The Loop (TV)
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A prostitute (most likely a Hooker with a Heart of Gold) provides a home to someone who needs a place to stay. Whether that guest sleeps with his or her benefactor is optional.
Examples of This Bed of Roses include:
- Sin City has wrongly-accused PI Dwight McCarthy on the run form the law and badly injured in the miniseries A Dame To Kill For. The girls of Old Town patch him up and allow him to stay for a while. He ends up using them to get his revenge on the people who set him up.
- Trading Places has Louis Winthorpe III taken in by Ophelia, a streetwise hooker.
- Leaving Las Vegas has Nicholas Cage's character taken in by Elizabeth Shue's, another streetwise hooker.
- Hobo with a Shotgun the title character is taken in by a prostitute whom he rescued from the villain's son.
- Deadman has William Blake taken in by a former prostitute who is trying to make a living selling paper roses.
- In Mercedes Lackey's The Lark and the Wren, the heroine is housed in a brothel.
- In Guards! Guards!, Carrot is staying at a brothel. He has no idea of his home's true nature.
- In First Riders Call by Kristen Britain, Karigan G'ladheon stays the night at a brothel. Unfortunately for her, she happens to be staying in the same room as Trudy, a prostitute who only caters to lesbians. The morning after, Trudy won't stop implying to Karigan's friends that they, ahem, had relations.
- In Devdas (both the novel and the numerous film adaptations), Chandramukhi offers Devdas a place to stay.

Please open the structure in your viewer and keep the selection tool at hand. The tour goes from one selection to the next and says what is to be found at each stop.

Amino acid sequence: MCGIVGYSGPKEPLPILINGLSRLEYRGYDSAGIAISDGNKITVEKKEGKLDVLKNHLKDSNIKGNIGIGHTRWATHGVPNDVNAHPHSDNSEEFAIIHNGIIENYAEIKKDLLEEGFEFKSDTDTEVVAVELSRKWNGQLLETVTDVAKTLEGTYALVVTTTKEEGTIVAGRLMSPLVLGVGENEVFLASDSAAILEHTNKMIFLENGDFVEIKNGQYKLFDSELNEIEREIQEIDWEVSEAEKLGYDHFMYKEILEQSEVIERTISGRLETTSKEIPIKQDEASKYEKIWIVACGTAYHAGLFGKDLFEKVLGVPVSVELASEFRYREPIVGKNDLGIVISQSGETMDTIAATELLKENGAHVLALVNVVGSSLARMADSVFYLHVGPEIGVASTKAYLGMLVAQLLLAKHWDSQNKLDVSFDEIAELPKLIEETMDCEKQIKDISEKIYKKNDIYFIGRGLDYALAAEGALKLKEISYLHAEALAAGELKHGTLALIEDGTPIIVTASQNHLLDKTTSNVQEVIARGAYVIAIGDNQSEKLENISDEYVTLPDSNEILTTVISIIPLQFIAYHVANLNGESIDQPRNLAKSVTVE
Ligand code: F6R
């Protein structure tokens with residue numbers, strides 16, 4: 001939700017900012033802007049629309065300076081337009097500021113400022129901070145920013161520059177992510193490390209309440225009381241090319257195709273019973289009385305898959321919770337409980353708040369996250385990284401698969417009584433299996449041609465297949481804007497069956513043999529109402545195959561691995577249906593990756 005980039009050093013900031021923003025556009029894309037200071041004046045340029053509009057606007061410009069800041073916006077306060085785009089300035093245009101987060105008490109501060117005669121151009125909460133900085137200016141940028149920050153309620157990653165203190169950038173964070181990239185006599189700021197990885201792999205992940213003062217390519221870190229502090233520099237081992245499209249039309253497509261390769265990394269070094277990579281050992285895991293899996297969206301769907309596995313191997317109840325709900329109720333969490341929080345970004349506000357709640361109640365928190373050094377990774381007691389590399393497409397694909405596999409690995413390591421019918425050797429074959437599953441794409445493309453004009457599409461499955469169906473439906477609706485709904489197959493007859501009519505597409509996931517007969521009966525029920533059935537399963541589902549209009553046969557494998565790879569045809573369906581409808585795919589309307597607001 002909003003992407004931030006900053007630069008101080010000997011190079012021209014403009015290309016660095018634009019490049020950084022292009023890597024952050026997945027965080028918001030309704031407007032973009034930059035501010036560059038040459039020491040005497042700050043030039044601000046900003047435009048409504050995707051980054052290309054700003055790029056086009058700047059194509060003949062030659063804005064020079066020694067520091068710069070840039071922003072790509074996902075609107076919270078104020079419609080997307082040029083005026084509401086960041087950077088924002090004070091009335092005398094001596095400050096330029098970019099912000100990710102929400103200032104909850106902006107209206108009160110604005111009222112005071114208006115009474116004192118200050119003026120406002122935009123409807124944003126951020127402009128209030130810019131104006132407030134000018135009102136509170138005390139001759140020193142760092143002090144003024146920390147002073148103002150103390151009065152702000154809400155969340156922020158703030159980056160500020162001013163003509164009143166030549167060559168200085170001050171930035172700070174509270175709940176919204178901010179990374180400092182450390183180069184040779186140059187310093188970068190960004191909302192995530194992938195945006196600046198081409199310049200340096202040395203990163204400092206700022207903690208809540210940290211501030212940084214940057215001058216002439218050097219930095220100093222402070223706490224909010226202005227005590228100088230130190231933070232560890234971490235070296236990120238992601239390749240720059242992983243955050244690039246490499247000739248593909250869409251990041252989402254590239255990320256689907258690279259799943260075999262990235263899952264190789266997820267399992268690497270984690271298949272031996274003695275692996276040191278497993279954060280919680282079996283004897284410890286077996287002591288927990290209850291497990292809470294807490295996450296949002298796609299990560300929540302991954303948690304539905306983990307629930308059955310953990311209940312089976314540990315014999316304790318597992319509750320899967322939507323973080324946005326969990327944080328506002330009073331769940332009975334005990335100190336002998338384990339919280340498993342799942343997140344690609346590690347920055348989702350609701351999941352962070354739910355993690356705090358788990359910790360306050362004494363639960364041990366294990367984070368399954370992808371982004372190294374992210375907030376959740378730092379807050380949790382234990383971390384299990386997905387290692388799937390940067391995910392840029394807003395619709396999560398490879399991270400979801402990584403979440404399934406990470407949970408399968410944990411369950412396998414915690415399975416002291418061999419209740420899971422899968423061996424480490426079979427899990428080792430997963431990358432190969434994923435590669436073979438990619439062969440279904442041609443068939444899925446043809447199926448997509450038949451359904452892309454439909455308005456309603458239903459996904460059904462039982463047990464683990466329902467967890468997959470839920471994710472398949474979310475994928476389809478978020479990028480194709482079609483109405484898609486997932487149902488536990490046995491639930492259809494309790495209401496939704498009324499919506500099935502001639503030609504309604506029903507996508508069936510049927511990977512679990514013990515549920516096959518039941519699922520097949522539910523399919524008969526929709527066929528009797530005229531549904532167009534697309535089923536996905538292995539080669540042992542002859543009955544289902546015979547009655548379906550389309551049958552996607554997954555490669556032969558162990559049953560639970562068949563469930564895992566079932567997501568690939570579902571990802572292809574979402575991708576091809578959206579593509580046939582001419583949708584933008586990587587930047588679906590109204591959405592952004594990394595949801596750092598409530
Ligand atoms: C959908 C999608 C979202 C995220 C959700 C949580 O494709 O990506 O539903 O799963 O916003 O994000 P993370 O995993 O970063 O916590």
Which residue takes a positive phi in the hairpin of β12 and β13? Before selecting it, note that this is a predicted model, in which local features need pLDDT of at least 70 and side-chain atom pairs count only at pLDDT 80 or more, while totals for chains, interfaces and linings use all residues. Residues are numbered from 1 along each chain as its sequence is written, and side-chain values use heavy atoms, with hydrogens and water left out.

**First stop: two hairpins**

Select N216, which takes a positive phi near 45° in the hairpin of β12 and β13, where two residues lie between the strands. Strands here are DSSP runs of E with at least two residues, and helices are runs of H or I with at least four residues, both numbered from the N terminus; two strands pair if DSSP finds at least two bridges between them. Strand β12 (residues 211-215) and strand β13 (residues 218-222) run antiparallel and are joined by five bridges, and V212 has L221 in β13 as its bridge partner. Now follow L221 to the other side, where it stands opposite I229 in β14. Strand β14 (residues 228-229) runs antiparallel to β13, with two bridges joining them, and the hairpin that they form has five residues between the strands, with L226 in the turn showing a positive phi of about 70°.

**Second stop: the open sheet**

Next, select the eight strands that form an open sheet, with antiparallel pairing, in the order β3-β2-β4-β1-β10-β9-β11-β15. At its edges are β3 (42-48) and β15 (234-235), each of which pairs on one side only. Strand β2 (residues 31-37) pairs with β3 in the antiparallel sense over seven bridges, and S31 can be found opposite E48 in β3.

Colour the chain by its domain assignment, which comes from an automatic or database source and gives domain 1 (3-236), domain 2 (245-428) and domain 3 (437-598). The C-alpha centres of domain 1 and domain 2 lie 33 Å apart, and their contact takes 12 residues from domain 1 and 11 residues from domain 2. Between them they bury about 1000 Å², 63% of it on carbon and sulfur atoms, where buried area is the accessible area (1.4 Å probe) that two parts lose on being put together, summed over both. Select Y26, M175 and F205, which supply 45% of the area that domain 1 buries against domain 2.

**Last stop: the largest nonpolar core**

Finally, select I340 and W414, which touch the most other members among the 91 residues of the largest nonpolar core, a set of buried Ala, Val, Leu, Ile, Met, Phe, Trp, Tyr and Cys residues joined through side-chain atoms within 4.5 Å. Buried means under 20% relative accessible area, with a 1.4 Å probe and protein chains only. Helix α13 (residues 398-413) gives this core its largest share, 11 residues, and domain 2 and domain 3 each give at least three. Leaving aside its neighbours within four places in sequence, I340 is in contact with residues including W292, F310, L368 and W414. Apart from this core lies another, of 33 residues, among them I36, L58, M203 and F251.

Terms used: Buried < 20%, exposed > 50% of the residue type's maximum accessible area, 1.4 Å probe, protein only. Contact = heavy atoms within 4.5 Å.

- In The Third Life of Grange Copeland, Brownfield winds up staying at a brothel when he gives up searching for his father. It turns out the prostitute was his father's ex-lover, and he sleeps with her too. And her daughter, who's another prostitute. And then he marries her non-prostitute niece and the father comes back and marries the first prostitute and really it's just a big, dysfunctional mess.
- It's mentioned in one of the Aubrey-Maturin books that Stephen Maturin stayed in one of the brothels in Jakarta, where the ship is docked on a diplomatic mission, because it was simply the cheapest place to stay, not to mention convenient for carrying out his trade. The girl he shares the bed with is only initially surprised that he's not interested in sex. The crew of the ship, naturally, don't know about his job as Britain's premier spy and come to the obvious conclusion about his, er, stamina and prowess.
- In the novel, The Thief and the Dogs, by Naguib Mahfouz, Said runs from law enforcement after attempting to murder his old friend, Ilish Sidra. He hides for the next several days with his old friend, Nur, who just so happens to be a prostitute. "Intimate" relations between the two are implied.
- "Oliver Twist": Nancy, a prostitute, takes the novel's title character – a young street urchin – under her wing. Unlike most other examples on this page, there are no sexual relations between the two; Nancy's motives are pure in that she vows to reform Oliver into a respectable young man.
- The Trope Namer is a song by The Statler Brothers; a young man is taken in by the titular Lady Rose, and it's made clear that he has indeed slept with her for the first time.
- In The Bible, in the second chapter of Joshua, the prostitute Rahab houses and protects two spies sent by Joshua, and she is commended in the book of Hebrews (11:31).
- The ladies of Whitechapel would sometimes share rooms, and in the days leading up to her murder, Jack the Ripper victim Mary Kelly shared her room with between one and two women, Julia and possibly also Maria Harvey.
- Rebels during the Boshin War often sheltered with prostitutes.
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